Jon Russell was Asia Editor for The Next Web from 2011 to 2014. Originally from the UK, he lives in Bangkok, Thailand. You can find him on T Jon Russell was Asia Editor for The Next Web from 2011 to 2014. Originally from the UK, he lives in Bangkok, Thailand. You can find him on Twitter, Angel List, LinkedIn.
It’s less than two weeks since Kim Dotcom launched Mega, a new file-storage site, but already the service currently hosts nearly 50 million files, the flamboyant German entrepreneur has revealed. Dotcom says that, of those files, just 0.001 percent have been taken down by the original content owners for piracy.
“MASSIVE non-infringing use!” he said over Twitter, before confirming that Mega is seeing around 50 content take-downs per day. Dotcom compares that to Google — which sees 450,000 daily — but that’s a somewhat uneven comparison since Google is publicly indexed which makes its content more easily found, while it operates on a far larger scale than the young Mega service.
Equally, 50 take-downs per day is unlikely to represent all of the copyright infringing content that sits on the site each day. But we take Dotcom’s point that the service is not the haven for rampant torrenting and illegal content distribution that US authorities claim (with little evidence) that Megaupload was.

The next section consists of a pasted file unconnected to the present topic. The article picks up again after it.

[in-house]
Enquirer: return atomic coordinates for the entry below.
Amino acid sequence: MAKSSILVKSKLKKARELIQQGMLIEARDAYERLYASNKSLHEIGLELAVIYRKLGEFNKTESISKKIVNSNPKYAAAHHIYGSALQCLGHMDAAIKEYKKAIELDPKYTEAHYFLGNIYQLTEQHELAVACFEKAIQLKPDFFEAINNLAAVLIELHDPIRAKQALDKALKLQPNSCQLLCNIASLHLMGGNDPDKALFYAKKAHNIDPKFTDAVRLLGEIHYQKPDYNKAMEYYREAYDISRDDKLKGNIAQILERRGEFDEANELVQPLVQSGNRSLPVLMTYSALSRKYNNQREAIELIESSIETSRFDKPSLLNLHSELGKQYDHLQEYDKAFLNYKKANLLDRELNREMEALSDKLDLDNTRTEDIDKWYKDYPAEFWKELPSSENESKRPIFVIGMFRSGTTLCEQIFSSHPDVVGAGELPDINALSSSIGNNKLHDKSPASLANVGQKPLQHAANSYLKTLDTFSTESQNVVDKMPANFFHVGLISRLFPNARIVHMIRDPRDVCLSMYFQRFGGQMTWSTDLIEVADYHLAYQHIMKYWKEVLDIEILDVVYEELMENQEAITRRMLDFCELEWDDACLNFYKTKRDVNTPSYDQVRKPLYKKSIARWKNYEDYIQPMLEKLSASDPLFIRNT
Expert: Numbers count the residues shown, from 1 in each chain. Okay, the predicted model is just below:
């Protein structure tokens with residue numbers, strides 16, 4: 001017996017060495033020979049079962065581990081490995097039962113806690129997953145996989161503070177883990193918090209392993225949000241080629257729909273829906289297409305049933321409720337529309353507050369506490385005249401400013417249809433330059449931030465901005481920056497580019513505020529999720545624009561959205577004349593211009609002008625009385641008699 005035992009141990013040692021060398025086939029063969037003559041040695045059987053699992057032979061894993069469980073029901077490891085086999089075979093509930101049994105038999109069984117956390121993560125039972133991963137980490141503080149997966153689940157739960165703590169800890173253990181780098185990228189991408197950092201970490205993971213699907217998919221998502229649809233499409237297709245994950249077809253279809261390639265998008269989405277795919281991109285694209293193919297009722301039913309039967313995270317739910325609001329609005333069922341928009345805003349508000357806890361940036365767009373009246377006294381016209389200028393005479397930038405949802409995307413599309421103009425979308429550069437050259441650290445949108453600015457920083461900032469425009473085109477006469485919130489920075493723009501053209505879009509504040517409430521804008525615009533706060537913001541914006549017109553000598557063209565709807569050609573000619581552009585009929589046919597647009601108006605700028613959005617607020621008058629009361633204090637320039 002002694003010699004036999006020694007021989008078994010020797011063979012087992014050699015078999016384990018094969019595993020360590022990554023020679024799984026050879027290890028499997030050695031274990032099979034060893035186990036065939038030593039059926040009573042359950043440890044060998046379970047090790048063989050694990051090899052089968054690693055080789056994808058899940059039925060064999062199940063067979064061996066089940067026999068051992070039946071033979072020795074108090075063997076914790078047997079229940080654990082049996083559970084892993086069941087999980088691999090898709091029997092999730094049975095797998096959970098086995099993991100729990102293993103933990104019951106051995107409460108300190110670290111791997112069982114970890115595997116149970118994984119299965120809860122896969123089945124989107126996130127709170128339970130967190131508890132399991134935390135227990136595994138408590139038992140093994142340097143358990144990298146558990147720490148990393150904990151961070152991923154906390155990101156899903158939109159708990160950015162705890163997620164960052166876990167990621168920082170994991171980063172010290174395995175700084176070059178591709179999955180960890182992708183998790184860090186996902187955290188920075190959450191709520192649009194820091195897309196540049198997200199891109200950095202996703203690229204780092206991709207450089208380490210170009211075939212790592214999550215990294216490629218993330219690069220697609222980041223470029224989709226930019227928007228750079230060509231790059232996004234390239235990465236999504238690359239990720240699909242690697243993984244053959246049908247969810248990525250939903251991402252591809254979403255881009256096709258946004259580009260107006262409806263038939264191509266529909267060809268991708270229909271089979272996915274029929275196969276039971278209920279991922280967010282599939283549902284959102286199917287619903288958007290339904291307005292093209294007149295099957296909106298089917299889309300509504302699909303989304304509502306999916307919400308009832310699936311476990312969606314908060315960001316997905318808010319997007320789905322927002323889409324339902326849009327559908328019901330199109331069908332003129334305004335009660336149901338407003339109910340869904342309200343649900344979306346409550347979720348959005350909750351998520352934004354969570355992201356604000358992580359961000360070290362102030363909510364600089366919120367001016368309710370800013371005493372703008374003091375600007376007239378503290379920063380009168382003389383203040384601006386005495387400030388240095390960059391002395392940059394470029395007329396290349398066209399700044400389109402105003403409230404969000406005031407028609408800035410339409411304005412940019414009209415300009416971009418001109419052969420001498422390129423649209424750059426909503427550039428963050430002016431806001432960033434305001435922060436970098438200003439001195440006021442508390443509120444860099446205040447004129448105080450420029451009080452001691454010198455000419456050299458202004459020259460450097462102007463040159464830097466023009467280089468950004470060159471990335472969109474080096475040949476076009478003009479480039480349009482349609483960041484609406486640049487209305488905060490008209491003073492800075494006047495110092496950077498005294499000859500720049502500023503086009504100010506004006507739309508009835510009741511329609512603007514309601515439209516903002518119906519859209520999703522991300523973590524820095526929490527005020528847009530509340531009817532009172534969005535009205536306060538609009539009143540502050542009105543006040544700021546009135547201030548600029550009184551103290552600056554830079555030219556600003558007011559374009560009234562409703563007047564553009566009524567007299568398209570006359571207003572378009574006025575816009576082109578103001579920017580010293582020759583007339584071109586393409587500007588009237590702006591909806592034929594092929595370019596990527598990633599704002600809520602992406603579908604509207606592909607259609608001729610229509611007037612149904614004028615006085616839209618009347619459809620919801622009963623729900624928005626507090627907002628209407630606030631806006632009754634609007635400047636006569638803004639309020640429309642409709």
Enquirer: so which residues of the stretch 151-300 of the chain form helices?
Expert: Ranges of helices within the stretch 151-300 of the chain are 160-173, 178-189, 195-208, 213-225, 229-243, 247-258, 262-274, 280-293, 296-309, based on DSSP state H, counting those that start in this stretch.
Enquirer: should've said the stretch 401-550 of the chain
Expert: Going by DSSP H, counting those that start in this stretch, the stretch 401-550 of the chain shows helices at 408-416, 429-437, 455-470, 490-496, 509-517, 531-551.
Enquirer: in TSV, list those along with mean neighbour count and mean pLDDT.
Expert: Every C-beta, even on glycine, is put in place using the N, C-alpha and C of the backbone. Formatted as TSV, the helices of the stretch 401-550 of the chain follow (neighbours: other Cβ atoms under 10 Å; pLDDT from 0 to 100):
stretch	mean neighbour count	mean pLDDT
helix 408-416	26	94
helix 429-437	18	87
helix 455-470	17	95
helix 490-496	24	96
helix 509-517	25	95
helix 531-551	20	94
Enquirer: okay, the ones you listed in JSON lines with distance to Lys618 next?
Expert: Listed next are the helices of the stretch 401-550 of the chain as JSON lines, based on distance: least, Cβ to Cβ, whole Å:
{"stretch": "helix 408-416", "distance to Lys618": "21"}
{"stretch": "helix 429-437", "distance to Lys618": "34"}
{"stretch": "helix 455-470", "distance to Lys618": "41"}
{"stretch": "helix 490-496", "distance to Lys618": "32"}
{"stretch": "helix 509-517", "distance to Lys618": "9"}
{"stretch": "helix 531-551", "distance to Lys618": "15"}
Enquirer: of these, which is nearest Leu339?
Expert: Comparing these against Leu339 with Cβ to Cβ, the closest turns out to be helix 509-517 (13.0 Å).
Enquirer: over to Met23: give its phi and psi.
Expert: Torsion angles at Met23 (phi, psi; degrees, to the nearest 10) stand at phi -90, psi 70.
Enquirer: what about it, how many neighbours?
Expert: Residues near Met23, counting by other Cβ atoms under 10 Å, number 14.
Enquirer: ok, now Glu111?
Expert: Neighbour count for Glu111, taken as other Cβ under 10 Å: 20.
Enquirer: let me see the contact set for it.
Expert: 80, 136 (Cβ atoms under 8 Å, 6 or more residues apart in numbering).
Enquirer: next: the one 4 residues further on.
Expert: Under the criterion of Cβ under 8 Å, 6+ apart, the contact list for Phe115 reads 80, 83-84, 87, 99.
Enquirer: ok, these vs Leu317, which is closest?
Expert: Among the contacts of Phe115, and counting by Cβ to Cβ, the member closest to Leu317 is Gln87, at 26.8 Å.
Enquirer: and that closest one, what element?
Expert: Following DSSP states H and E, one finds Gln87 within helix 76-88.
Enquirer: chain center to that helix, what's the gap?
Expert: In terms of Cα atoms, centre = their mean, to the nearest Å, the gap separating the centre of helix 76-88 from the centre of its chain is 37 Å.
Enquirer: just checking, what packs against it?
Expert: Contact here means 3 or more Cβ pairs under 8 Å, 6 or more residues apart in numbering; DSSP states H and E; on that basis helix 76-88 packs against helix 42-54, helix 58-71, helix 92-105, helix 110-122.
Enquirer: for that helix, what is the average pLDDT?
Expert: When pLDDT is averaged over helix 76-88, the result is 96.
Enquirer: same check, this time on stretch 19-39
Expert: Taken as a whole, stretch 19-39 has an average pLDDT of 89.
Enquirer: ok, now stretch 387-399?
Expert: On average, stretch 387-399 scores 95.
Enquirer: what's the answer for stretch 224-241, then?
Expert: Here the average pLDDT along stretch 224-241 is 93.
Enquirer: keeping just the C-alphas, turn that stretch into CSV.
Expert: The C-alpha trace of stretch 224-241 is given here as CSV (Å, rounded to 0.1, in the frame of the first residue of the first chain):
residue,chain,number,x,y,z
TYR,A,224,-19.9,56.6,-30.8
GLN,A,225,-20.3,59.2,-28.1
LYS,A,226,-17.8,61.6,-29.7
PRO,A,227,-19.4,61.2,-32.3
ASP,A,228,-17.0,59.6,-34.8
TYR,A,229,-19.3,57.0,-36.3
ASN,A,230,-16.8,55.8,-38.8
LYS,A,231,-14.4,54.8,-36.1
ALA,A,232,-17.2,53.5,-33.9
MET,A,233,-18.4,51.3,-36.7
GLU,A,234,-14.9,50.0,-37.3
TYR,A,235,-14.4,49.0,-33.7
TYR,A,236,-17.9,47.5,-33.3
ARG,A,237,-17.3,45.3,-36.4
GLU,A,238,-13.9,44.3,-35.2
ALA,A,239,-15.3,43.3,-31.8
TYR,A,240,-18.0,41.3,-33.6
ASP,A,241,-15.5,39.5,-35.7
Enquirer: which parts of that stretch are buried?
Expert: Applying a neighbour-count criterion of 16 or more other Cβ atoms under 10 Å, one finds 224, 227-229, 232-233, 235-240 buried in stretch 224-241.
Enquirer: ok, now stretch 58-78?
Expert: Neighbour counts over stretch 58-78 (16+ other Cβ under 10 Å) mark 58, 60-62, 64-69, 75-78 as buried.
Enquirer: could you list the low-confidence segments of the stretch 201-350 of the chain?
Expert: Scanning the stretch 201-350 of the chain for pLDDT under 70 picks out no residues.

Mega offers users a whopping 50 GB of space for free. It was launched at an extravagant party at Dotcom’s mansion and quickly hit 100,000 registered users after an hour of its launch, despite going down due to the rush of traffic to the site. The service later topped 1 million sign-ups after its first day online.
The service has faced criticism for the way that it handles security but Dotcom responded to criticism by countering a number of arguments and claiming that new measures — including a change password feature, and more — will come soon to boost the safety of accounts and data.
There’s no word on what US authorities make of Mega or Dotcom’s claim that it is fighting off copyright infringements. Dotcom’s extradition trial set for March and, given previous history, it’s pretty share to assume that they won’t be impressed with anything the German says or does.
The Department of Justice took down Megaupload in January 2012, leaving files inaccessible for users. Dotcom previously revealed he is working to have give Mega customers with content in Megaupload a way to export their data over, but that requires legal steps which are likely to take time.
Related: Face to face with Kim Dotcom as he launches Mega, talks about Megakey and the future of free content and Say hello to the new Mega: We go hands on.
Get the TNW newsletter
Get the most important tech news in your inbox each week.